Editor's note: Sue Dill-Calloway, RN, MSN, JD, director of hospital risk management for OHIC Insurance Company, The Doctor's Company, in Columbus, OH, is the CMS corner lead contributor. Submit a topic idea to her by contacting BOJ editor Kevin Moschella at email@example.com. This month, in the second of a three-part series, Dill-Calloway addresses the revised interpretive guidelines about informed consent issued on April 17 and effective immediately. This column focuses on surgical services. To access the full guidelines, go to www.cms.hhs.gov/SurveyCertificationGenInfo/downloads/SCLetter07-17.pdf.
The second section of CMS' revised interpretive guidelines addressing informed consent looks at tag number 0392, which is found in the section about surgical services. The federal regulation, section 482.51 (b)(2) states, "A properly executed informed consent form for the operation must be in the patient's chart before surgery, except in emergencies."
Informed consent is a process in which information is provided to patients to enable them to evaluate a proposed surgery before agreeing to the procedure. CMS specifies that typically this information would contain the following:
- Short- and longer-terms risks
- The likelihood of each of these based on the current clinical evidence and the physician's professional judgment
The surgery consent needs to be on the chart before the patient goes to surgery. An exception is made only in an emergency situation.
Surgery is defined as any procedure that is listed as a surgical procedure in any of the various billing/coding systems used by CMS. This is true even if Medicare is not paying for the bill, according to the interpretive guidelines.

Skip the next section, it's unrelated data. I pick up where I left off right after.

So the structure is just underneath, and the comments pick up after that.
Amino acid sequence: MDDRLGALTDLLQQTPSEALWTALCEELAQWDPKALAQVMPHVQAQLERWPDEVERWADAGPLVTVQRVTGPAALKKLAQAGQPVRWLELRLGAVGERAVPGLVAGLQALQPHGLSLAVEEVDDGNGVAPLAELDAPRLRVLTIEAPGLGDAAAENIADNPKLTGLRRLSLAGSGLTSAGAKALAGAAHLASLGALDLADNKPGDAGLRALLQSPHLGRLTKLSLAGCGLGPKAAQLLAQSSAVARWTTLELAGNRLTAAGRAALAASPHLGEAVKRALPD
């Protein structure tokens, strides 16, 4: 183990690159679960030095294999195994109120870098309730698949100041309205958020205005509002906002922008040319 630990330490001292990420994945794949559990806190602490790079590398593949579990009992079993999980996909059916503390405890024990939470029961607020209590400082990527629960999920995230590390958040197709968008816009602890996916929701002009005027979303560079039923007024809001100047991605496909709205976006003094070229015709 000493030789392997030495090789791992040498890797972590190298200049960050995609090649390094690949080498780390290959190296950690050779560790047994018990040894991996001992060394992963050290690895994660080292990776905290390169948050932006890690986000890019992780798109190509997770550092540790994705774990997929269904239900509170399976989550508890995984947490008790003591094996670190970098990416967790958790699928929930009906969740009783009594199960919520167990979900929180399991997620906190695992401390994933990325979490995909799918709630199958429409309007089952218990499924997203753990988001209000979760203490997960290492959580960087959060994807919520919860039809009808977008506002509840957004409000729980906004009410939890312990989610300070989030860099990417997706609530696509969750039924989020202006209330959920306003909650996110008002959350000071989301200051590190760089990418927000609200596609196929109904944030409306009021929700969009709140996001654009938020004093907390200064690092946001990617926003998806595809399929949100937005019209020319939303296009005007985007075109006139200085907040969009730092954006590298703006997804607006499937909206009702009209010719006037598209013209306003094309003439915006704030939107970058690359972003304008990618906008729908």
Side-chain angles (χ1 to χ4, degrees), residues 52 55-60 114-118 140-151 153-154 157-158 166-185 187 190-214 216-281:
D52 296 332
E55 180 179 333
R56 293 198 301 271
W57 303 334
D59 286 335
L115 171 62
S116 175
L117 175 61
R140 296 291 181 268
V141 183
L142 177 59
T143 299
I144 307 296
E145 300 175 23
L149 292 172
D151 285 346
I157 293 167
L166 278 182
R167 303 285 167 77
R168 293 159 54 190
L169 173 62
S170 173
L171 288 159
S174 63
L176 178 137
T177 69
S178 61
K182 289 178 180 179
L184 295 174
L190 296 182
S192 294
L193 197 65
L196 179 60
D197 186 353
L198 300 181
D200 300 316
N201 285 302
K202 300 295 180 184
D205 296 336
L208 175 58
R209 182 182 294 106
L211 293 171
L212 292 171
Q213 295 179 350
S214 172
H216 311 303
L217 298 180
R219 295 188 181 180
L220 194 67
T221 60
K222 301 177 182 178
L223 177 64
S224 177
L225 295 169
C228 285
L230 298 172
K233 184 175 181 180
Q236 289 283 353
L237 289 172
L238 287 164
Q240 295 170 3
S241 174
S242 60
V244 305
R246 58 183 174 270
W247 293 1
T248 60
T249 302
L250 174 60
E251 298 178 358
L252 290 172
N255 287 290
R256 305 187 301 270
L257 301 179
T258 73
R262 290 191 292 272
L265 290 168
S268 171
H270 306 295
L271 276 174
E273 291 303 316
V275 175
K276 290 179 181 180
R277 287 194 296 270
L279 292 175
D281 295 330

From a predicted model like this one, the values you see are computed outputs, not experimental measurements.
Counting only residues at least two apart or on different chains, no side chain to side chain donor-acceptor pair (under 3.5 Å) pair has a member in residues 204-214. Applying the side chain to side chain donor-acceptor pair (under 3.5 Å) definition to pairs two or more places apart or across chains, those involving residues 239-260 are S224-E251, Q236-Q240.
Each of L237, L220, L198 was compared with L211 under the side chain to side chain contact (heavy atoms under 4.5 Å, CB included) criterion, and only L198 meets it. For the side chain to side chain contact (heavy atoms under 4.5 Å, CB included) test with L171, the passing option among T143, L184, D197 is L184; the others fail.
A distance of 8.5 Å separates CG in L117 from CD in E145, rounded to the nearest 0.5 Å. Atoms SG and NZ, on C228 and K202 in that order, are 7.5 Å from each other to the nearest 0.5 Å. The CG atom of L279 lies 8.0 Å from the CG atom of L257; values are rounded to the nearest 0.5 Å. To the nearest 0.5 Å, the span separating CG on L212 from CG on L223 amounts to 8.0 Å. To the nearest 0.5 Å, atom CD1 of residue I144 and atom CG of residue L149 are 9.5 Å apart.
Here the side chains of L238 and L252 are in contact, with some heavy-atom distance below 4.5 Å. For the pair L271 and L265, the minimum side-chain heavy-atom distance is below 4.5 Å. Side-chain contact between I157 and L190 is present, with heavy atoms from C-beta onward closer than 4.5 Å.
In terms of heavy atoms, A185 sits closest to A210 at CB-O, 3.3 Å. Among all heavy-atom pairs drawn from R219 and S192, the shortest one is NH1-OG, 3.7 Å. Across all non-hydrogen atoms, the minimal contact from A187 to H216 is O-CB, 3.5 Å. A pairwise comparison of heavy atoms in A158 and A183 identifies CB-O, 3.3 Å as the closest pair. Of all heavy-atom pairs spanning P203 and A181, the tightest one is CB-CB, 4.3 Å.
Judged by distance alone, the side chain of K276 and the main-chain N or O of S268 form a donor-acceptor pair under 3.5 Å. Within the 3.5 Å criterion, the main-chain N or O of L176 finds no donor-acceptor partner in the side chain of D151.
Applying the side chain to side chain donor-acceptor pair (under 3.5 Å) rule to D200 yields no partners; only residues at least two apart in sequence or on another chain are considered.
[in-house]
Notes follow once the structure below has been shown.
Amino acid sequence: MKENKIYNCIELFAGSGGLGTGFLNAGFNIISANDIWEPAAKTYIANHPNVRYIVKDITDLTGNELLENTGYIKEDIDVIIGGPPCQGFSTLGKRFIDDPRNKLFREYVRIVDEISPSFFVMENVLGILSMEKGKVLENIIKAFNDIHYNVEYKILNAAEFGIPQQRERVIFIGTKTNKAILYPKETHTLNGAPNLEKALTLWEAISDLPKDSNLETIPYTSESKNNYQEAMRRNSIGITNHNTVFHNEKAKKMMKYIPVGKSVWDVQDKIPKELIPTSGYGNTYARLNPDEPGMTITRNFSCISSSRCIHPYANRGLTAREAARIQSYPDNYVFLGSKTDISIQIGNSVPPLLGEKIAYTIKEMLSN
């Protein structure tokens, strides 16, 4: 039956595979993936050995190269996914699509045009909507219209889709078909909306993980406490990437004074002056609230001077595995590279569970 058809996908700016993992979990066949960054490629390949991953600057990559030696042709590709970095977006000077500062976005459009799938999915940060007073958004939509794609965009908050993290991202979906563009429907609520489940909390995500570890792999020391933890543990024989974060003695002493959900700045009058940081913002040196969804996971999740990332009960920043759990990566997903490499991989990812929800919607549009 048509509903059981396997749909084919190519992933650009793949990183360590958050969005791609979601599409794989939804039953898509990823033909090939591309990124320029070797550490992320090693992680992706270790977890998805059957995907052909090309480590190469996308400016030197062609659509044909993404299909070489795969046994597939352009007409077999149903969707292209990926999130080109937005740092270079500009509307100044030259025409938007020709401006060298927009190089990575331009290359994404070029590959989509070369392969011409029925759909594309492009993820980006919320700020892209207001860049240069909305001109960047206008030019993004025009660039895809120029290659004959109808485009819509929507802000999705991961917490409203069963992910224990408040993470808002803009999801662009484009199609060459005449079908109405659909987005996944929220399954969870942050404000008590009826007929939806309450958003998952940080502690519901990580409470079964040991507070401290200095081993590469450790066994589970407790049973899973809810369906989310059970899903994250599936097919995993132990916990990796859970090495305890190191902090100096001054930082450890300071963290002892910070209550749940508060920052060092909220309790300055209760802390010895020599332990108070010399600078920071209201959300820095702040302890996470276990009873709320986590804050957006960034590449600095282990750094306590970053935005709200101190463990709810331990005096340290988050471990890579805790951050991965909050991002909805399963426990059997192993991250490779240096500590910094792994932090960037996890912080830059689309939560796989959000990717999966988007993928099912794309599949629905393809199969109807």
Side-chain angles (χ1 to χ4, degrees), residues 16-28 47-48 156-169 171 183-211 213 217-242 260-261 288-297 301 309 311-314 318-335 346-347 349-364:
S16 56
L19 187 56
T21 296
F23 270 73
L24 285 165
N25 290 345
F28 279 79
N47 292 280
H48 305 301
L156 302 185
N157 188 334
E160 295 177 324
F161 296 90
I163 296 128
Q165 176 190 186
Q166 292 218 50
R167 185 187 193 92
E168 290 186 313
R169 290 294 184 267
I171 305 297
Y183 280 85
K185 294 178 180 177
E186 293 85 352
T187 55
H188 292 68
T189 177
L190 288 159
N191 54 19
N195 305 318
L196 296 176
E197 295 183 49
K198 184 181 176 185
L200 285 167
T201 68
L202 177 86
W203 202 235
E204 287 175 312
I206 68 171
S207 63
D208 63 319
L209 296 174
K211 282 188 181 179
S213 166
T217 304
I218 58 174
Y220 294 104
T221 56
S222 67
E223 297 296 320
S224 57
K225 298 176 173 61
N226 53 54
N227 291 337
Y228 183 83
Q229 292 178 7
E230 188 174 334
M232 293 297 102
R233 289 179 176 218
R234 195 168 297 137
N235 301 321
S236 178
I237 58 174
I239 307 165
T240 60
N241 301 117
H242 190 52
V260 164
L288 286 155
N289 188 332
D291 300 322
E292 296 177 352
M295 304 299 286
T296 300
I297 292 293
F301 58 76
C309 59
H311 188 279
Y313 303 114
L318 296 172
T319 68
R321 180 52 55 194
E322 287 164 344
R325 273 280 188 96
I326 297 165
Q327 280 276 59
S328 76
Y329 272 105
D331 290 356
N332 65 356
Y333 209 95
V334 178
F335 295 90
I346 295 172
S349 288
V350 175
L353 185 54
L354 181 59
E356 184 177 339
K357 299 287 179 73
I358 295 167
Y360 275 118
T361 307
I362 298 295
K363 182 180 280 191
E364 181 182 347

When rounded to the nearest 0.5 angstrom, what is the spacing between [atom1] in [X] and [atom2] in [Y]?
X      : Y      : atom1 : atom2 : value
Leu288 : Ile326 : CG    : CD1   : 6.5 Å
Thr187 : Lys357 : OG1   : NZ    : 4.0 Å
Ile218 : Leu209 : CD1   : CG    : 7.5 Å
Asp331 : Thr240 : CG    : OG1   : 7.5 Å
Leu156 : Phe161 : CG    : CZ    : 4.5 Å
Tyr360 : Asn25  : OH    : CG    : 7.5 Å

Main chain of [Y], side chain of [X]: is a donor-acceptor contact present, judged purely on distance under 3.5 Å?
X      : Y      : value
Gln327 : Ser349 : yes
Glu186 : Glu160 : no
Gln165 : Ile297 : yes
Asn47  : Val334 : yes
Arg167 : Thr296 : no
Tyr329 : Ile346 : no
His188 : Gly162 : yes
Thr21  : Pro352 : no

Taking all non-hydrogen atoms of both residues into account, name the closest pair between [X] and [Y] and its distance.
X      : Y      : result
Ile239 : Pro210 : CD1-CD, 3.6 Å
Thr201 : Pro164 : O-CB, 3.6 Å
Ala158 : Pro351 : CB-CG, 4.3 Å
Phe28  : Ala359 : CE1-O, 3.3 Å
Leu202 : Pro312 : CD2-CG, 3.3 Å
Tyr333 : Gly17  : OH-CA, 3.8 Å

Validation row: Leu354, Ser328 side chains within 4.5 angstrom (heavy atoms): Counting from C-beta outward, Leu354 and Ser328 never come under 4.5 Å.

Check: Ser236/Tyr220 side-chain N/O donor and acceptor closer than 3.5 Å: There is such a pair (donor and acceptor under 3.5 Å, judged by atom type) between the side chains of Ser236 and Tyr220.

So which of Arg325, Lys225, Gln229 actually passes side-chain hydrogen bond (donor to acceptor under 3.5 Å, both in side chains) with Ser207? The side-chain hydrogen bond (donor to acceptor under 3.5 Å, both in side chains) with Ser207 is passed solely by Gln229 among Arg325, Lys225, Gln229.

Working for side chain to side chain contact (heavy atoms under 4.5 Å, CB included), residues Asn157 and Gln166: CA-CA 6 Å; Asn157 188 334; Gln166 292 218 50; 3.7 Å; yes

CMS now requires hospitals to ensure that the practitioner responsible for surgery obtains informed consent from patients in a manner consistent with the hospital's policy. This may be seen as problematic for many hospitals, especially those in states where informed consent was purely a physician issue unless the physician was an employee of the hospital. CMS also makes it clear that an informed consent form is obtained when anesthesia is provided to patients having surgery. CMS states that hospitals may wish to consider specifically extending their informed consent form to include the anesthesia component. Most anesthesiologists are already obtaining informed consent for anesthesia during surgical procedures.
Informed consent compliance
The hospital must comply with any specific state requirements for informed consent. In addition, CMS states that the surgery informed consent policy should describe:
- Who may obtain the patient's informed consent
- Which procedures require informed consent
- The circumstances under which surgery is considered an emergency and may be undertaken without informed consent
- The circumstances under which a patient's representative, rather than the patient, may give informed consent for a surgery
- The content of the informed consent form and instructions for completing it
- The process used to obtain informed consent, including how informed consent is to be documented in the medical record
- Mechanisms that ensure that the informed consent form is properly executed and is in the patient's medical record prior to the surgery (except in the case of emergency surgery)
If the informed consent process and informed consent form are obtained outside the hospital, how the properly executed informed consent form is incorporated into the patient's medical record prior to the surgery
The surgical informed consent process
CMS also provides examples of what is contained in a well designed informed consent process. At first glance, hospitals may think that this represents a change in the previous CMS Conditions of Participation because the elements of informed consent were mandatory. However, even though CMS makes it sound permissive, hospitals are well advised to consider incorporating these elements into the informed consent process.
Hospitals should provide information about these new interpretive guidelines to all of their physicians and other practitioners who are performing procedures and surgery that require that an informed consent be given.
Editor's note: This article was adapted from an article Dill-Calloway wrote for the OHIC, The Doctors Company, publication Strategies.